So how come it is so hard to do with requirements?

I mean come on, people. There will always be the written down requirements, those are the easy part. Regarding that they are available for all software project participants. Which they might be, and then again, they might not. So let’s not concentrate on them at the moment. Let’s make an ass out of u and me and assume that the written down requirements are available, and what is most important, their whereabouts are known in the whole project for all the participants.

So QA starts their work basing their testing on the requirements and information available. No big deal. Bugs will be found, they will be fixed, life goes on.

But what about the stuff everybody just magically know should work? The packaging standards of the applications, the delivery setups, the way the applications should react to other applications in the system? What if those are de-facto standards, written down ages ago, known to most of the people involved, but just in this particular project there’s a bunch of newcomers.

During the initiate phase such things should be brought up and delivered to them, ain’t it so? sure it is. Well, that is a nice picture, but honestly people, it does not always work as that.

The truth (You can’t handle the truth!) is that we do  live in a perfect world. Yes, you read it right. It is perfect and understandable unambiguous and messy and in the end, it is beautiful to see this multitude of failures, flaws and not working things among the everyday life’s working stuff and understand that it all is part of the process.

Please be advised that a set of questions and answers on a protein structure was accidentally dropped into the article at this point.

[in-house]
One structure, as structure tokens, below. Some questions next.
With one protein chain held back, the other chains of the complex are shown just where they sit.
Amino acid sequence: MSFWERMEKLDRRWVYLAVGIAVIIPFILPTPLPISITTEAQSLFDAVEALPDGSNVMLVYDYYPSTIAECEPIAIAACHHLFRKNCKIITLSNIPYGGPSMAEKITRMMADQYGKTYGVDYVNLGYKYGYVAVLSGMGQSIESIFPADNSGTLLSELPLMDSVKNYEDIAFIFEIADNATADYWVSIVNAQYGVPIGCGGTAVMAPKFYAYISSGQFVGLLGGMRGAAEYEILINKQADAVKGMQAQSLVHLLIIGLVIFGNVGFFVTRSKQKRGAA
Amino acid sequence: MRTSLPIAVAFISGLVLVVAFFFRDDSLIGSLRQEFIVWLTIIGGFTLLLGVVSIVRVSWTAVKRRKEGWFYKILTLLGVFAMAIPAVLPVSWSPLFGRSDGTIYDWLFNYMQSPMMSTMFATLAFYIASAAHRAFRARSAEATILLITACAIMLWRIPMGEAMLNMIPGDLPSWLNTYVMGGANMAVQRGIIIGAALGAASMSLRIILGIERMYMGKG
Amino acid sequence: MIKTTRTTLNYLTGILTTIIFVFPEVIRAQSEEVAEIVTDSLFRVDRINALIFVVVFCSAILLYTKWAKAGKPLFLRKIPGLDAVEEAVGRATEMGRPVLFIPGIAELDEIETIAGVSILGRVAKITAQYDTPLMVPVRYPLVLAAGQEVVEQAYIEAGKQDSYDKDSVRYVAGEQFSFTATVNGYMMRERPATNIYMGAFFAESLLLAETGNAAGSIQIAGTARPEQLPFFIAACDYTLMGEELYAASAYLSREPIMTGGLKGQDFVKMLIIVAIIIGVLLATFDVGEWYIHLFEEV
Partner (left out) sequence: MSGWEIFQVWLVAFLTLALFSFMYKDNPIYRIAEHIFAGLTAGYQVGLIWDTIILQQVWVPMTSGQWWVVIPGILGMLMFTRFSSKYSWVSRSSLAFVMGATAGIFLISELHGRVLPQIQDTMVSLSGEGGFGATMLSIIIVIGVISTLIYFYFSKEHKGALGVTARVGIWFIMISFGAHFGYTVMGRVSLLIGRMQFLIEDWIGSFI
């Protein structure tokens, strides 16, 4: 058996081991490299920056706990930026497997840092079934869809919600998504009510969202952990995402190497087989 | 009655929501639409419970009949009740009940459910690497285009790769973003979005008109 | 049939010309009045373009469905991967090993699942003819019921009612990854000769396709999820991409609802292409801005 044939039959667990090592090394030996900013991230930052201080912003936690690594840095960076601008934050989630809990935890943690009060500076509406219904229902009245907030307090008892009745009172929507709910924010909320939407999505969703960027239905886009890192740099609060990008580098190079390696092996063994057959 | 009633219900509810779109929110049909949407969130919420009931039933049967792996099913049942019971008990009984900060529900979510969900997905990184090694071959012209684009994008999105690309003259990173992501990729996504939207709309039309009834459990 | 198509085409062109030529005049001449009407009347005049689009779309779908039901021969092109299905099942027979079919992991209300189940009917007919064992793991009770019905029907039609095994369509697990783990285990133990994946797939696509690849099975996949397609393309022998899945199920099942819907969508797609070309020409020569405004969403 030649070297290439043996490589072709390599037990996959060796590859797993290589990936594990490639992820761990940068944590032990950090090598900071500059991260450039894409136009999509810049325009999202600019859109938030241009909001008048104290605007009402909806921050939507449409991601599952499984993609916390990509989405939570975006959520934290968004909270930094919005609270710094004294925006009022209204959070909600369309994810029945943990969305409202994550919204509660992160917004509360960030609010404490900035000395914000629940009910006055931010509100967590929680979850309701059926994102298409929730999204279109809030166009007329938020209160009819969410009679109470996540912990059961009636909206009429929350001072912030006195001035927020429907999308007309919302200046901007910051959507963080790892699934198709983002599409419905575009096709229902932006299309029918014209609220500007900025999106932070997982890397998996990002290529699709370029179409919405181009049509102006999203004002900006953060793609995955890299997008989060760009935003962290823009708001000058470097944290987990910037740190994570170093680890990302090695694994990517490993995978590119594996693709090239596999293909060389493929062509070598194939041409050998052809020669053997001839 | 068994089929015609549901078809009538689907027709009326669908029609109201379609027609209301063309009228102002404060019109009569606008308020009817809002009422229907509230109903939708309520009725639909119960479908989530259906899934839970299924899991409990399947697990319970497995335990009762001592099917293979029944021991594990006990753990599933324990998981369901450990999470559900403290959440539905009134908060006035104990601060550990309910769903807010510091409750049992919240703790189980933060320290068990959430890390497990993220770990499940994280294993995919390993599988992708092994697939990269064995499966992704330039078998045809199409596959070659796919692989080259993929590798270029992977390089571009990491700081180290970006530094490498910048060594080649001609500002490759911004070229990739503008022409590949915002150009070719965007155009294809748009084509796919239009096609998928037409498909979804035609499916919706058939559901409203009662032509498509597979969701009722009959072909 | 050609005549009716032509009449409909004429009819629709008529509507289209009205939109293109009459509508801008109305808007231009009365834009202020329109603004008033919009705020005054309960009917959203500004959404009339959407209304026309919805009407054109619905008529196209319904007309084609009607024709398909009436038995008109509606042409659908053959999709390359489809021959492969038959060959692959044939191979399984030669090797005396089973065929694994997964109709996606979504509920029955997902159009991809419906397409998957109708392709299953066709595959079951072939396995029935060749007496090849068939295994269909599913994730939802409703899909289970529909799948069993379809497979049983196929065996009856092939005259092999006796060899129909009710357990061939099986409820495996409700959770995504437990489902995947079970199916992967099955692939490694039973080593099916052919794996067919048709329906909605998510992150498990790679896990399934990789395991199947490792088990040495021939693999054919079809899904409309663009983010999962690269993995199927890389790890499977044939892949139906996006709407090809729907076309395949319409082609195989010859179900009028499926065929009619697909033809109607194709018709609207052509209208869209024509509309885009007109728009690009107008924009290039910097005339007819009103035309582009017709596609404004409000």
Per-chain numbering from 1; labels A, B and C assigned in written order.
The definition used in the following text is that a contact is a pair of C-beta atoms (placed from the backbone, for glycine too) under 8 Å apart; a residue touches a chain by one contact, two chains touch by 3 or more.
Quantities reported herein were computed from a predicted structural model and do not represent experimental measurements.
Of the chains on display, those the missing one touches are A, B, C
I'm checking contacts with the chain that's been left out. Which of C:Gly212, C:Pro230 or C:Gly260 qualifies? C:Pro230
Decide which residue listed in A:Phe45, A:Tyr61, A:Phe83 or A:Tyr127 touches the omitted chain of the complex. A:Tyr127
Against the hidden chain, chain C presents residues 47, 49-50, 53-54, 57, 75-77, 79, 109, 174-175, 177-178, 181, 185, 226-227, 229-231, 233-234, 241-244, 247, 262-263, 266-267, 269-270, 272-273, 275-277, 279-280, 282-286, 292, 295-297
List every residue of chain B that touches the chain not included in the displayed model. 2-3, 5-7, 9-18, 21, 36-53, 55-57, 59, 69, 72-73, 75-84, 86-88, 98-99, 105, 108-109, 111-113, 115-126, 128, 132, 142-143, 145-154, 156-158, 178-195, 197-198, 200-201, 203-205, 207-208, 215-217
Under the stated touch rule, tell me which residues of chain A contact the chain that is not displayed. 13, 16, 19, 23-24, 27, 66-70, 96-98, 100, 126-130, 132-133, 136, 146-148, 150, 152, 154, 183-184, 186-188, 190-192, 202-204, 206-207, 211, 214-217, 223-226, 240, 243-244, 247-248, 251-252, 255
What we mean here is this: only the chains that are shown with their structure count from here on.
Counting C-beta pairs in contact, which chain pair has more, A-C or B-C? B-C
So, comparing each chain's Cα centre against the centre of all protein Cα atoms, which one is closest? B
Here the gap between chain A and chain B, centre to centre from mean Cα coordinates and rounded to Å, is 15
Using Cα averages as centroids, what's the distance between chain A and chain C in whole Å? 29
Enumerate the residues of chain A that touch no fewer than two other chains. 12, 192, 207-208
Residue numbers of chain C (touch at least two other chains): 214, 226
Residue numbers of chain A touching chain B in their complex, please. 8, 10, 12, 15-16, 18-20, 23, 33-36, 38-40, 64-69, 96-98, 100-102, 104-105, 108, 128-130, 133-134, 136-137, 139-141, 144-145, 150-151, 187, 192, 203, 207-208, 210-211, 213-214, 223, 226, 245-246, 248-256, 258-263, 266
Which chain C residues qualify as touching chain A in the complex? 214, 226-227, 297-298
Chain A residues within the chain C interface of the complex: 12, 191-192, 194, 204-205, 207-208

Now where I’m going with this? Here; all you need to do is to take your stand and adept to the situation.

As a QA –engineer, your responsibility is to plan and execute test cases with certain expected results. You cannot say that you can’t do them, that you don’t have the requirements. Not if you get to know that you should’ve known. And for the record it is more than OK not to know.Like I pointed out yesterday, it does not matter if you did mistakes, or if someone else did them by not providing the requirements to your lap. What matters that you take a leap towards the newly found information and hunt it down.

Now you might tell me that it is project responsibility to deliver all needed information considered and bring it to you. Hopefully on a silver plate. I’d like that, too. And while they’re at it they could also bring the coffee and take care of my laundry.

Now here’s the crucial part, at least for me; The world as we live is perfect. It is perfect for human beings who are capable to hunt down all the targets they aim to do. And that applies to requirements in software projects. You might not succeed all the time, none of the hunters do, either, but who cares. The point is that you can hunt and that you can catch your prey. Let the prey here be information. Actually, if you’re reading this, your brains have been capturing at least some information on this page. Same applies to requirements. Regardless if they are written down or not.

The next question is, of course, what to do with them? Well, depending of the structure, you’ll need to get to the best parts of them. You might need to skin, peel or mush them. And then split them to chewable pieces. Some of them are nutritionally really good, some of them are completely unusable. Pick what you can use and leave the rest. The ones you picked up, you’ll feed up to your Test Case –creating ogre, called Untar the Defector. And you’re done. For now. Tomorrow will come and bring the new challenges, and your ogre is forever hungry.

Soundtrack for the post:Queen – Live At The Rainbow